NEW YORK (Reuters) - Americans are increasingly confident in the news media and less so in President Donald Trump’s administration after a tumultuous year in U.S. politics that tested the public’s trust in both institutions, according to a Reuters/Ipsos opinion poll released on Tuesday.
The poll of more than 14,300 people found that the percentage of adults who said they had a “great deal” or “some” confidence in the press rose to 48 percent in September from 39 percent last November. Earlier this year, Trump branded the entire industry as the “enemy of the American people.”
The percentage of those who said they had “hardly any” confidence in the press dropped to 45 percent from 51 percent over the same period.
Confidence in Trump’s administration moved in the opposite direction.
In comparison, 57 percent of Americans expressed similar levels of confidence in former Democratic President Barack Obama’s outgoing administration in November.
The poll also found that the shift in trust was not simply a partisan reaction to a Republican president.
From January to September, the percentage of people who had a “great deal” or “some” confidence in the executive branch dropped 6 percentage points among Republicans and 3 points among Democrats.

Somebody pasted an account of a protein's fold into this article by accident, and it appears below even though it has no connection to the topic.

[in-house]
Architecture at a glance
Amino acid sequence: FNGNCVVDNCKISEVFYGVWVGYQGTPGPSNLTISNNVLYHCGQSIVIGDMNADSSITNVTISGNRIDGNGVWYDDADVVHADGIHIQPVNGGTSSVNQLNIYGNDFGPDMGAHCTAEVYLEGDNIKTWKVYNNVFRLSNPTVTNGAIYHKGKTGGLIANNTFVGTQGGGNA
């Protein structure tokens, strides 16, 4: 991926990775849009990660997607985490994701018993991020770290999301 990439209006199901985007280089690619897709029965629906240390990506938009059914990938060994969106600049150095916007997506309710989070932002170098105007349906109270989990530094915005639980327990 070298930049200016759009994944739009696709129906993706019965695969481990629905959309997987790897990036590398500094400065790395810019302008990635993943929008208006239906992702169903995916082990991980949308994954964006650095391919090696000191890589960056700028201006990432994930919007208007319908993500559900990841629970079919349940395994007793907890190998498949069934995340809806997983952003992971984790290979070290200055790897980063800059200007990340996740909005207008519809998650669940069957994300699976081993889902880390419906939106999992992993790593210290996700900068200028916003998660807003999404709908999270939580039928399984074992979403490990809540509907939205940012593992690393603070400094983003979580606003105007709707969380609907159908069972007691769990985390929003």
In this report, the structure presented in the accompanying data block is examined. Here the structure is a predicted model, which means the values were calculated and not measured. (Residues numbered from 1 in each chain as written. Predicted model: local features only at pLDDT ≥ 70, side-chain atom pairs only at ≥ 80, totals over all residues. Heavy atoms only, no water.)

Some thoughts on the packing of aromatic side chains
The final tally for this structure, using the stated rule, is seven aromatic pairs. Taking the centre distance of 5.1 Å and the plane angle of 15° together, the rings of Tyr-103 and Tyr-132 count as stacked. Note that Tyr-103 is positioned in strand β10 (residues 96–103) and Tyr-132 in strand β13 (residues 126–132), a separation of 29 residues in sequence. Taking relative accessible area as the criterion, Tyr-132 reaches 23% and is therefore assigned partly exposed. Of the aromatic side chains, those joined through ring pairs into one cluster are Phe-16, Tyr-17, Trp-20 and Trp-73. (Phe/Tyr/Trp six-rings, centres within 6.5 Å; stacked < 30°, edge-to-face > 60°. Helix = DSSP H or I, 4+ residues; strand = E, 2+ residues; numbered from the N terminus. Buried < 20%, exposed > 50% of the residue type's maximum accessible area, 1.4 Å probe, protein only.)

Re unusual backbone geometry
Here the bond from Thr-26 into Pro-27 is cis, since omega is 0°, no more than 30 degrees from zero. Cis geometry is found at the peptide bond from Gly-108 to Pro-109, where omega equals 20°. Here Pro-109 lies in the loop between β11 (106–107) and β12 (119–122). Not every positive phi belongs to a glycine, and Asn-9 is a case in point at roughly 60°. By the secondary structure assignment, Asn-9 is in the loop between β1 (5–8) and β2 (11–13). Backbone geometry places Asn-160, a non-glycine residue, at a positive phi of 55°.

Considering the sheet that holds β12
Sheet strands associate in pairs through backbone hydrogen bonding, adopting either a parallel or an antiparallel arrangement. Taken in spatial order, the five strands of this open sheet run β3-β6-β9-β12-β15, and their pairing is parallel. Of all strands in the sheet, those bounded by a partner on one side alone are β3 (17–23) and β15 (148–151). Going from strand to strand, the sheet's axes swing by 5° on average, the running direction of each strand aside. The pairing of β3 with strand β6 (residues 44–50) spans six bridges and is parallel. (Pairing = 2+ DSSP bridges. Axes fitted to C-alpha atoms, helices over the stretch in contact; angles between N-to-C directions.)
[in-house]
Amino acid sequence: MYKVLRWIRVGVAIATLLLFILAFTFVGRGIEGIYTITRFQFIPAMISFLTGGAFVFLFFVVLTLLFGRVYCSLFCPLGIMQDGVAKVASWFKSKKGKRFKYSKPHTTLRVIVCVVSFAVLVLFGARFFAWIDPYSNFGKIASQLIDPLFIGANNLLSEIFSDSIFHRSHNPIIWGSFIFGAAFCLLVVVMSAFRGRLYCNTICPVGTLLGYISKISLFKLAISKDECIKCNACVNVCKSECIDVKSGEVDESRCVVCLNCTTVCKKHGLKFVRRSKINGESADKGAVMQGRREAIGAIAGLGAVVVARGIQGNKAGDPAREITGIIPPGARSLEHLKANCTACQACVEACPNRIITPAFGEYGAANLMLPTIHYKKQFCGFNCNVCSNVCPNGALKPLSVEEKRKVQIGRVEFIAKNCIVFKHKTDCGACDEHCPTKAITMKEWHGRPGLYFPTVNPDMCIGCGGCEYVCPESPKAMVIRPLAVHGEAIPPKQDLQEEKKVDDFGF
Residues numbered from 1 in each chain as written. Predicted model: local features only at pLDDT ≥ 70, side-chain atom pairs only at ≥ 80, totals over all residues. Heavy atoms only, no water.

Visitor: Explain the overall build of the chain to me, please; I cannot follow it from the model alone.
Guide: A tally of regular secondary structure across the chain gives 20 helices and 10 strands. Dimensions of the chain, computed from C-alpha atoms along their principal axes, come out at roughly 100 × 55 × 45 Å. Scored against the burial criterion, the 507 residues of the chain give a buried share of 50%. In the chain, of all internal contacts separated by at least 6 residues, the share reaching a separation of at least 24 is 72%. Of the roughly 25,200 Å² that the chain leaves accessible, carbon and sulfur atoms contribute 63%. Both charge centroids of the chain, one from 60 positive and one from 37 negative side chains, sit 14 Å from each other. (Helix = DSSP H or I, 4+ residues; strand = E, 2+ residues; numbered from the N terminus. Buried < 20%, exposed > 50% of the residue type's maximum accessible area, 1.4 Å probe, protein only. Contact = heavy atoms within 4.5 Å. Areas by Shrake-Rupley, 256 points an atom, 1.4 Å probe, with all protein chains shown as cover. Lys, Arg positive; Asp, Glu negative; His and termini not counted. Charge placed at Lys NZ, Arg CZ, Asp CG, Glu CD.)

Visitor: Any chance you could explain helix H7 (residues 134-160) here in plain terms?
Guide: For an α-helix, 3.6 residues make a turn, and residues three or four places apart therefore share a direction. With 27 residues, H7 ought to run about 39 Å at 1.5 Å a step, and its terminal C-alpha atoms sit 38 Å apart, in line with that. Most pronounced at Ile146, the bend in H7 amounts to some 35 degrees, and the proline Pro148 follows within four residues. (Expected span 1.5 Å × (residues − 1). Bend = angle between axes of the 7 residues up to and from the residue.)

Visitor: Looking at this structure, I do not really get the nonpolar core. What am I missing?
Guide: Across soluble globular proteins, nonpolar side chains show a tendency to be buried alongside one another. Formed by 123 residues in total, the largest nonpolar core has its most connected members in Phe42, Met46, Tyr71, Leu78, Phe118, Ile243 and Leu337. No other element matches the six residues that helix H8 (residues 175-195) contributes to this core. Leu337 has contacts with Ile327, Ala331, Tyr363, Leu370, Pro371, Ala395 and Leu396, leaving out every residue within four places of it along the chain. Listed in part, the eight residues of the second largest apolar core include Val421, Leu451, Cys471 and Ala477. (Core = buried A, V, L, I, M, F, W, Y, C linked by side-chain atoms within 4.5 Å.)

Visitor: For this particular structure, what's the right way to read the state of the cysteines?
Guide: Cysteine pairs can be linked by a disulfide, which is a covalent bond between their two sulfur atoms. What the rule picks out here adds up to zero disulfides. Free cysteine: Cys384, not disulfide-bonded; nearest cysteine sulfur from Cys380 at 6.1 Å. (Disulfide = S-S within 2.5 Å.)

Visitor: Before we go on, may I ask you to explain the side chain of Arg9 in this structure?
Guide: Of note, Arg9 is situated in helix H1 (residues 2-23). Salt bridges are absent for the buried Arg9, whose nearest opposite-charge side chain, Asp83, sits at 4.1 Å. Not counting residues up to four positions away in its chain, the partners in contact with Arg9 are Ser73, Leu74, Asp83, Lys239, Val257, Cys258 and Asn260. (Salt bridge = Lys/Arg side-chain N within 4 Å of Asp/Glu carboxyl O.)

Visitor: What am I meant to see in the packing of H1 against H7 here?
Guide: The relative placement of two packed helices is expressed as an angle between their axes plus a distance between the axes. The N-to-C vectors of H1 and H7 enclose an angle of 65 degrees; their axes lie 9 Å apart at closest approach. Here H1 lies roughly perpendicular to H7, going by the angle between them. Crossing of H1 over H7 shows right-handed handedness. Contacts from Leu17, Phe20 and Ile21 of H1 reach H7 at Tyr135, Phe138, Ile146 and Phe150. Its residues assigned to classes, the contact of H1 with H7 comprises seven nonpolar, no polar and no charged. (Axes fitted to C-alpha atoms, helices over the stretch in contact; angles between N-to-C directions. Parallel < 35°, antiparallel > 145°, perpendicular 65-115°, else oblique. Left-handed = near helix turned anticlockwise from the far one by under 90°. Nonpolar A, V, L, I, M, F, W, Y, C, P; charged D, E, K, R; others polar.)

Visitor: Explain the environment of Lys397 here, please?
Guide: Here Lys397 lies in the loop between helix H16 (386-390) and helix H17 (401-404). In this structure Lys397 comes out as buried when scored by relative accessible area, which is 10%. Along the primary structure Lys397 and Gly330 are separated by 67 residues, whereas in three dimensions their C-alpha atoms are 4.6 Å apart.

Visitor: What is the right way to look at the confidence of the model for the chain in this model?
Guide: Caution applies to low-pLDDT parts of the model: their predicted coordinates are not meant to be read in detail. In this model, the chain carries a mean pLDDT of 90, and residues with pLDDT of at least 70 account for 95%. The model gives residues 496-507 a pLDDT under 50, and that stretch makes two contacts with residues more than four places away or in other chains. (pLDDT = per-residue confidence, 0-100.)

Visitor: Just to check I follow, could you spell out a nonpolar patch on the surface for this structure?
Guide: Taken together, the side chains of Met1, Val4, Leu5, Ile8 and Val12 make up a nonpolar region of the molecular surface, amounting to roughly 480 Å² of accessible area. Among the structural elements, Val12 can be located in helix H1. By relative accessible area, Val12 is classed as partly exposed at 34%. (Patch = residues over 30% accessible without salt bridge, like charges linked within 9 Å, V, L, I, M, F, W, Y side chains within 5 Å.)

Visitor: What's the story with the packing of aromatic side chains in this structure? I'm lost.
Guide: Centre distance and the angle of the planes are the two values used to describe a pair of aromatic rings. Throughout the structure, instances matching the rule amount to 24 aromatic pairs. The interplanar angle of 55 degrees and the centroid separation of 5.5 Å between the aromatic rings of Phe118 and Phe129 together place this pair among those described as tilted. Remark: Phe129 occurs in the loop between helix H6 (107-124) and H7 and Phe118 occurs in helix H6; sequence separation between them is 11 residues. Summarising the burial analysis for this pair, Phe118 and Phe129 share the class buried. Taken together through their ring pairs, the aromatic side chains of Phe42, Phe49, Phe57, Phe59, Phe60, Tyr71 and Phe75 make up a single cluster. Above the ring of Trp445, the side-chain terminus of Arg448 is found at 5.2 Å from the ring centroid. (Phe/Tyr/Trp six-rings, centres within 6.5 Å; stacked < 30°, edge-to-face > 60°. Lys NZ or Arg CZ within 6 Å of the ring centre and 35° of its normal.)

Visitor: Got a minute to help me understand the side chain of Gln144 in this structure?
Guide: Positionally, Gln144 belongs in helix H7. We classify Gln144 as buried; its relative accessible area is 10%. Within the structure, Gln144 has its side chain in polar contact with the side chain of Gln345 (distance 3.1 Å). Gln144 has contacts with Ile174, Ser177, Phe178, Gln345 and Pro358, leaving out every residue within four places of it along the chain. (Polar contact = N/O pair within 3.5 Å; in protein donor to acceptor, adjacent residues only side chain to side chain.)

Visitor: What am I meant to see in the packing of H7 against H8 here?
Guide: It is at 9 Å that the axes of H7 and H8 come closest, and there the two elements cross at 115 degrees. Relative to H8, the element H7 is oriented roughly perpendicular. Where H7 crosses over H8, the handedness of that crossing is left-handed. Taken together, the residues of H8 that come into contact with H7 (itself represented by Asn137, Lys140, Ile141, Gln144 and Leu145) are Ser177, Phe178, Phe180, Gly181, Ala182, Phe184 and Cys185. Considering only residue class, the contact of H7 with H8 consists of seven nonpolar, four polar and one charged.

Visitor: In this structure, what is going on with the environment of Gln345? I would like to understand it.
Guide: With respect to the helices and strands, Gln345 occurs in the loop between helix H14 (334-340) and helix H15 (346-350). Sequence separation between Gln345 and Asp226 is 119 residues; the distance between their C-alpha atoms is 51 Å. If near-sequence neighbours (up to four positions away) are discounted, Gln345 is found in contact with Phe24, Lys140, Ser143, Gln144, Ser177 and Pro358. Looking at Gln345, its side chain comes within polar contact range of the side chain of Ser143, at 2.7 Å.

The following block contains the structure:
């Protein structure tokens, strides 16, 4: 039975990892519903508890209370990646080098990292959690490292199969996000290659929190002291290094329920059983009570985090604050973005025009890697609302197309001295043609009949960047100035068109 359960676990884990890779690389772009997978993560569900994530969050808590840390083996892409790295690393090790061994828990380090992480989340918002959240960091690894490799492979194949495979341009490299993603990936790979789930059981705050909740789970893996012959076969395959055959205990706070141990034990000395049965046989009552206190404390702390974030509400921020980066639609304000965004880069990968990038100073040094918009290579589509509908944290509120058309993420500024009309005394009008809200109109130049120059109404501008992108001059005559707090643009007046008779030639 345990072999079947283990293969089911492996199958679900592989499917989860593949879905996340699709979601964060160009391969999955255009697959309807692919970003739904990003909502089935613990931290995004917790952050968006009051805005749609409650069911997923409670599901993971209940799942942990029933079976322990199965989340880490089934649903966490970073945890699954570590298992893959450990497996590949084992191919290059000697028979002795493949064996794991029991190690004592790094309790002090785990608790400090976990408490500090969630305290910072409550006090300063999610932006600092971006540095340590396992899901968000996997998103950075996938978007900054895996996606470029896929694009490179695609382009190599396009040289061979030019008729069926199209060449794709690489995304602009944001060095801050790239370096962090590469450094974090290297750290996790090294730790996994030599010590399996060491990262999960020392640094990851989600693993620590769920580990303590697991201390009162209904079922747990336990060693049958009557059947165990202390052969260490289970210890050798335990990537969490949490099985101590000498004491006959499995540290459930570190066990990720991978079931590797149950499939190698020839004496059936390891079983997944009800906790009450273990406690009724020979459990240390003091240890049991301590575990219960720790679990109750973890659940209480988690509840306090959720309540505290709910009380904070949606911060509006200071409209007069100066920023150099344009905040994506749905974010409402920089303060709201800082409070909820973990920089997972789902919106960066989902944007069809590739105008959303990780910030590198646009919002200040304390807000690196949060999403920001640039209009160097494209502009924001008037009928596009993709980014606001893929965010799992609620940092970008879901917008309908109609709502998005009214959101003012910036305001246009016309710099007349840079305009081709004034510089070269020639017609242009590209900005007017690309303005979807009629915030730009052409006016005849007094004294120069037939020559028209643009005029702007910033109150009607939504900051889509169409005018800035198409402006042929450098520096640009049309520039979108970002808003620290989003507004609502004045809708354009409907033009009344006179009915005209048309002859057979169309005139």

The percentage of those who expressed similar levels of confidence in the media rose 3 points this year among Republicans and 11 points among Democrats.
Every president clashes with the news media, but Trump “has gone a step further in attacking the press and questioning their legitimacy,” said Martha Kumar, a presidential historian who has worked with White House transition teams for Obama and 2008 Republican presidential nominee Senator John McCain.
“What you’re seeing now is a gradual recognition of the importance of the press” at a time when people are still getting used to a new president whose campaign is under federal investigation for alleged collusion with Russia, Kumar said. Trump has denied any collusion occurred.
Kumar added that confidence in the press may be rising this year because news organizations have offered wildly different perspectives on Trump, satisfying people who like him as well as those who do not.
“They’re not all watching and reading the same things,” she said. “They’re gravitating toward organizations they trust.”
Ari Fleischer, former Republican President George W. Bush’s first press secretary, said any shift in the way people viewed the press and the president was likely the product of an oppositional relationship that both sides had pushed since the 2016 presidential campaign.
“Trump throws fastballs directly at the press’ head. He does it almost every day,” Fleischer said.
“This makes those who oppose Trump draw into the press,” elevating its stature among those who would otherwise not trust the media, he said.